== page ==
Foreign investors are exempt from paying customs duties or are allowed to pay the duties at a lower rate for new or used equipment, certain raw materials, and processed tobacco.
The implementation of the VAT-system was done from the first of January 2005 to replacement of the existing differentiated sales tax system. Standard VAT is today at 20% while there are certain product groups in groceries, daily newspapers, supply companies and aids that fall under a lower VAT barrier on 8%.
Cooperate income tax
Corporate profit tax is paid at the uniform rate of 15%. Non-residents are taxed only based on their income generated in Serbia.
Withholding tax is calculated and paid at the rate of 20% on various forms of income (dividends, shares in profits, royalties, interest income, capital gains, lease payments for real estate, and other assets) by a non-resident.
Personal income tax
The personal income tax rate is 10% for salaries, while other personal income is predominantly taxed at the rate of 20%. Furthermore there are social contributions, pensions and other insurances adding up to a total of 56% on top of the net salary
Annual income tax
For non-Serbian citizens, the annual income is taxed if exceeding the amount of 5 times the average annual salary in Serbia. The tax rate is 10% for the annual income below the amount of 8 times the average annual salary, and 15% for the annual income above the amount of 8 times the average annual salary.
Patent, brands and rights
Since the separation of Serbia and Montenegro the 3rd of June 2006 the countries have transferred the former legislation on the rights areas. Serbia is a member of the World intellectual Property Organisation (WIPO), the Paris convention, the Madrid Agreement, the Madrid Protocol and the Patent Cooperation Treaty (PCT) and enjoy a special agreement with the European Patent Organisation according to which Serbia sorts under European Patents. The Patent Office in Belgrade works as the federal “Intellectual Property Office”. However, protection of intellectual property is still on low level when it comes to practical issues.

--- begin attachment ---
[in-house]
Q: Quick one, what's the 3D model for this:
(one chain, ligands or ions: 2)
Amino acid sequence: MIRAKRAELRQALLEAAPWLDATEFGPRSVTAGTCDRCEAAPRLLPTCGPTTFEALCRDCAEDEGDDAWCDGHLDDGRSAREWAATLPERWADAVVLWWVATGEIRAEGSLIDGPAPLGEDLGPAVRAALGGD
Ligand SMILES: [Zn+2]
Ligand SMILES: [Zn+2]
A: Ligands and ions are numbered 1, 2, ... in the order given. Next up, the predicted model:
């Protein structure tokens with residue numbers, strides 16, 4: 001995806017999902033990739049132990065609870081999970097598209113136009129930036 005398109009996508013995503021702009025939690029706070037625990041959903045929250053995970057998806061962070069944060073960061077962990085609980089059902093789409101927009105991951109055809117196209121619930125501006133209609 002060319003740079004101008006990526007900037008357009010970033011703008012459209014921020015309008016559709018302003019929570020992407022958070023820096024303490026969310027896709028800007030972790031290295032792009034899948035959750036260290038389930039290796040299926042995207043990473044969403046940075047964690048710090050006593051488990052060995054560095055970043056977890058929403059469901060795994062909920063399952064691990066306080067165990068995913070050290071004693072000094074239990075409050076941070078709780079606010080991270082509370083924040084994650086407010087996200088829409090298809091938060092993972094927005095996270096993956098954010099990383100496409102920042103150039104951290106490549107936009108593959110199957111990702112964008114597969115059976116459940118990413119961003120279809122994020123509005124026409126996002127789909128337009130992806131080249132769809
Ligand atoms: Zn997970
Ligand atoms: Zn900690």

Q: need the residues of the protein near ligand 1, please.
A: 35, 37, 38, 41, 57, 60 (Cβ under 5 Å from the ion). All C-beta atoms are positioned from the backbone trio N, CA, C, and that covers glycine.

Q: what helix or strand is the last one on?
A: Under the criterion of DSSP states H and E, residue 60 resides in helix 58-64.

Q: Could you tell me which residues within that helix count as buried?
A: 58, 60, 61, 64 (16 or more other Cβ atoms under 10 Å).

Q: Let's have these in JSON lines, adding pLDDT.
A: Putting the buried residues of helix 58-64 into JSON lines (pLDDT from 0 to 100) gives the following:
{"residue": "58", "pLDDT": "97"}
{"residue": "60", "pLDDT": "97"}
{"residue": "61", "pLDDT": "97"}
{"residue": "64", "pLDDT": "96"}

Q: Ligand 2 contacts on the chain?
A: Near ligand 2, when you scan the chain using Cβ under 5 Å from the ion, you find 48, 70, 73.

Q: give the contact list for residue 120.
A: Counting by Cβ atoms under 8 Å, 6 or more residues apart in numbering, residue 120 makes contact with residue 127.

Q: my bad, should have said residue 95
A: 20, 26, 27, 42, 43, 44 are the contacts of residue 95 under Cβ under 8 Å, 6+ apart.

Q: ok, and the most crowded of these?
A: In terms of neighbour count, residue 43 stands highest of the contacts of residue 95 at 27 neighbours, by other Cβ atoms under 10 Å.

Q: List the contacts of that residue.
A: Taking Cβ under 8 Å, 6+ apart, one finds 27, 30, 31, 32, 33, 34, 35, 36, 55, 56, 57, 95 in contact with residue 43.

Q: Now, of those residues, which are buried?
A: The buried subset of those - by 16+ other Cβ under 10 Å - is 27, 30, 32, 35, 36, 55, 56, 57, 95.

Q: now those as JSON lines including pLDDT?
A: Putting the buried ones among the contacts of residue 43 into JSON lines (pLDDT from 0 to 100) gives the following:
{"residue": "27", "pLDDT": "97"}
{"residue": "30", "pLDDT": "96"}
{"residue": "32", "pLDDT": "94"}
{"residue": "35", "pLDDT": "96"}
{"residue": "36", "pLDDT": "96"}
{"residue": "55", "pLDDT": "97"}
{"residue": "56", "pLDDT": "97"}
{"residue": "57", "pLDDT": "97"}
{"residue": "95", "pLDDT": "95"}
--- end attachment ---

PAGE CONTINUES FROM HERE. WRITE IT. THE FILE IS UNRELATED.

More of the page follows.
Earlier Yugoslavian industrial patents brands and rights are still valid in Serbia and to harmonise the awarding of rights with existing European legislation the following laws have been passed in 2004:
- The Patent Law
- The Brand Law
- The Law on protection of models and design
- The Law on protection of geographical indication of origin
Agriculture and food processing products are significantly protected by both tariff and non-tariff barriers. Average level of import duties for agricultural and food products is about 25%.
Beside these, sanitary and veterinary certificates are in process of being adjusted and usually represent an important barrier for trade. Furthermore, Serbian accession to the WTO is underway meaning that many of non-tariff barriers, quantitative restrictions and certifications are yet to be in-lined and harmonized with WTO standards.
Export Technical Counselling
Export Technical Counselling is a part of Denmark’s Export Council under the Foreign Ministry. They follow the ongoing changes in the frameworks of international trade and have access to transversal information on the market regulations on concrete products - also when it comes to transactions of goods or services between third countries. Trade Counselling and consolidated guidance is offered at the embassy. It is structured to cover the needs of the exporting company both when it comes to first time exporters as well as settling problems for seasoned exporters.
The various services offered at the Export technical Counsel are for instance counselling with regards to trade barriers and estimates of whether the agreements are legal or illegal with regards to international and multil- or bilateral agreements.
On the basis of this a recommendation of the relevant procedure for a possible solution of the company’s problems is offered at the Export Technical Counsel.